No MeSH data available.


Related in: MedlinePlus

Photoconversion of GFP from green to red state in vivo.Single snapshots from the pre-photoconversion and post-photoconversion are shown. (a) Tobacco suspension cell culture in which GFP is targeted to cytosol. Photoconverted GFP spreads through the cytosol via cytoplasmic strands. Photoconversion was performed at 50% laser power and 30 iterations of 111 milliseconds (ms). (b) Schematic representation of a tobacco suspension culture cell. The cell wall (brown) surrounds the plasma membrane (red). A large vacuole (blue) occupies the majority of the space inside the cell. The endoplasmic reticulum network (gray) surrounds the vacuole and the nucleus (white) and extends through the rest of the cytosol (white). Cytoplasmic strands exist as extensions of the cytosol between organelles. (c) Changes in fluorescence intensity in the irradiated area in (a) over time indicate increasing red and decreasing green fluorescence. (d) Drosophila gut cells from 3rd instar larvae expressing S65T-GFP. (e) Rat PC12 cells expressing EGFP fusion to exon 1 of human HttQ103 gene. White arrowheads highlight cytosolic inclusions. Images acquired by 30 iterations with the duration of 190 ms each. Laser power was adjusted at 70%. Bars 10 μm.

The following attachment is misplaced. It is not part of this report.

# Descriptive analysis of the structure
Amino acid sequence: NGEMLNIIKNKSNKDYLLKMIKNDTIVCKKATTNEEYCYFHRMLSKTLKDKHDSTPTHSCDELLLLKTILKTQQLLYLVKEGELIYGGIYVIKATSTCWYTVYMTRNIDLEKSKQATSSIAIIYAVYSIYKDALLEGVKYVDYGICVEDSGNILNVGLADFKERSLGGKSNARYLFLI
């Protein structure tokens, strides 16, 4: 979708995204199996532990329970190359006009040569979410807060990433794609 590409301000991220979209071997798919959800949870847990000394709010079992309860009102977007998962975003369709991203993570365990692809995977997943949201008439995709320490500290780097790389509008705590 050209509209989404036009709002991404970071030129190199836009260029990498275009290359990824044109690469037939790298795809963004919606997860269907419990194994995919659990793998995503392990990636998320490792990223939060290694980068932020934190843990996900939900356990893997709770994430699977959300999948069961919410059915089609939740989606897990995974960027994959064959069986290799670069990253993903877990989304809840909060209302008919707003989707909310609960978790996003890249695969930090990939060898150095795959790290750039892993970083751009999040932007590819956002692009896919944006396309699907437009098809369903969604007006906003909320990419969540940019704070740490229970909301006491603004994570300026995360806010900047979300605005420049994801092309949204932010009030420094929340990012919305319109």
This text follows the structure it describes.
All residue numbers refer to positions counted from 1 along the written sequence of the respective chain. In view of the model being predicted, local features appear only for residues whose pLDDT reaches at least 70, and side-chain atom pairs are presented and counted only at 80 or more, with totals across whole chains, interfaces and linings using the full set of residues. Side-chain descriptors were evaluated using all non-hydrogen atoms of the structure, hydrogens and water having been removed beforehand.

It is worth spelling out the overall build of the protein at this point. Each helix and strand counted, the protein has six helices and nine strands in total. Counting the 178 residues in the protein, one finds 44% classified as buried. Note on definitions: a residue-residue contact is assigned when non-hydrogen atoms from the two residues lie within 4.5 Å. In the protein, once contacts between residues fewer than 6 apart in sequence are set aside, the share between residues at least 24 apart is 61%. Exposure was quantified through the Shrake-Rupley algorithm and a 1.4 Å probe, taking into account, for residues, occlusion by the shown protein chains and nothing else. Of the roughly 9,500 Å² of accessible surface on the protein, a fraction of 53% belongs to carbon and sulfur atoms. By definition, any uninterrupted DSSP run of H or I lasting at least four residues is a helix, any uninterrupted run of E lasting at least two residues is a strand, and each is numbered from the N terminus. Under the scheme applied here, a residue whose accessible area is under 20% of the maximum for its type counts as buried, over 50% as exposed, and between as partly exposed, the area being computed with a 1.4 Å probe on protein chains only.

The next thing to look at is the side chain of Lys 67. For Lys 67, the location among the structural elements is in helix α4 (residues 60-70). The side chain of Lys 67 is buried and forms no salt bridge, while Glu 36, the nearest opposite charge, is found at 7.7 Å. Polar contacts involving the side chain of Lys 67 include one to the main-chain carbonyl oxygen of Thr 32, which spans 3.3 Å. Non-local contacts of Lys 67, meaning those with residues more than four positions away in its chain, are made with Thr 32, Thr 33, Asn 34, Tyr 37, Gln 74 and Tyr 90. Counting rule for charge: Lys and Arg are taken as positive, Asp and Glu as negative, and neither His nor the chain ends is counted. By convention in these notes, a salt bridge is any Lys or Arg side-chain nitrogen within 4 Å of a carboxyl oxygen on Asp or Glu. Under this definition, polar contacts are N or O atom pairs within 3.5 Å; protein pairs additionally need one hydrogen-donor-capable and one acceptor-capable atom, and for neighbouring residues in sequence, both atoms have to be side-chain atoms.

© Copyright Policy - open-access
Related In: Results  -  Collection

License
getmorefigures.php?uid=PMC4493561&req=5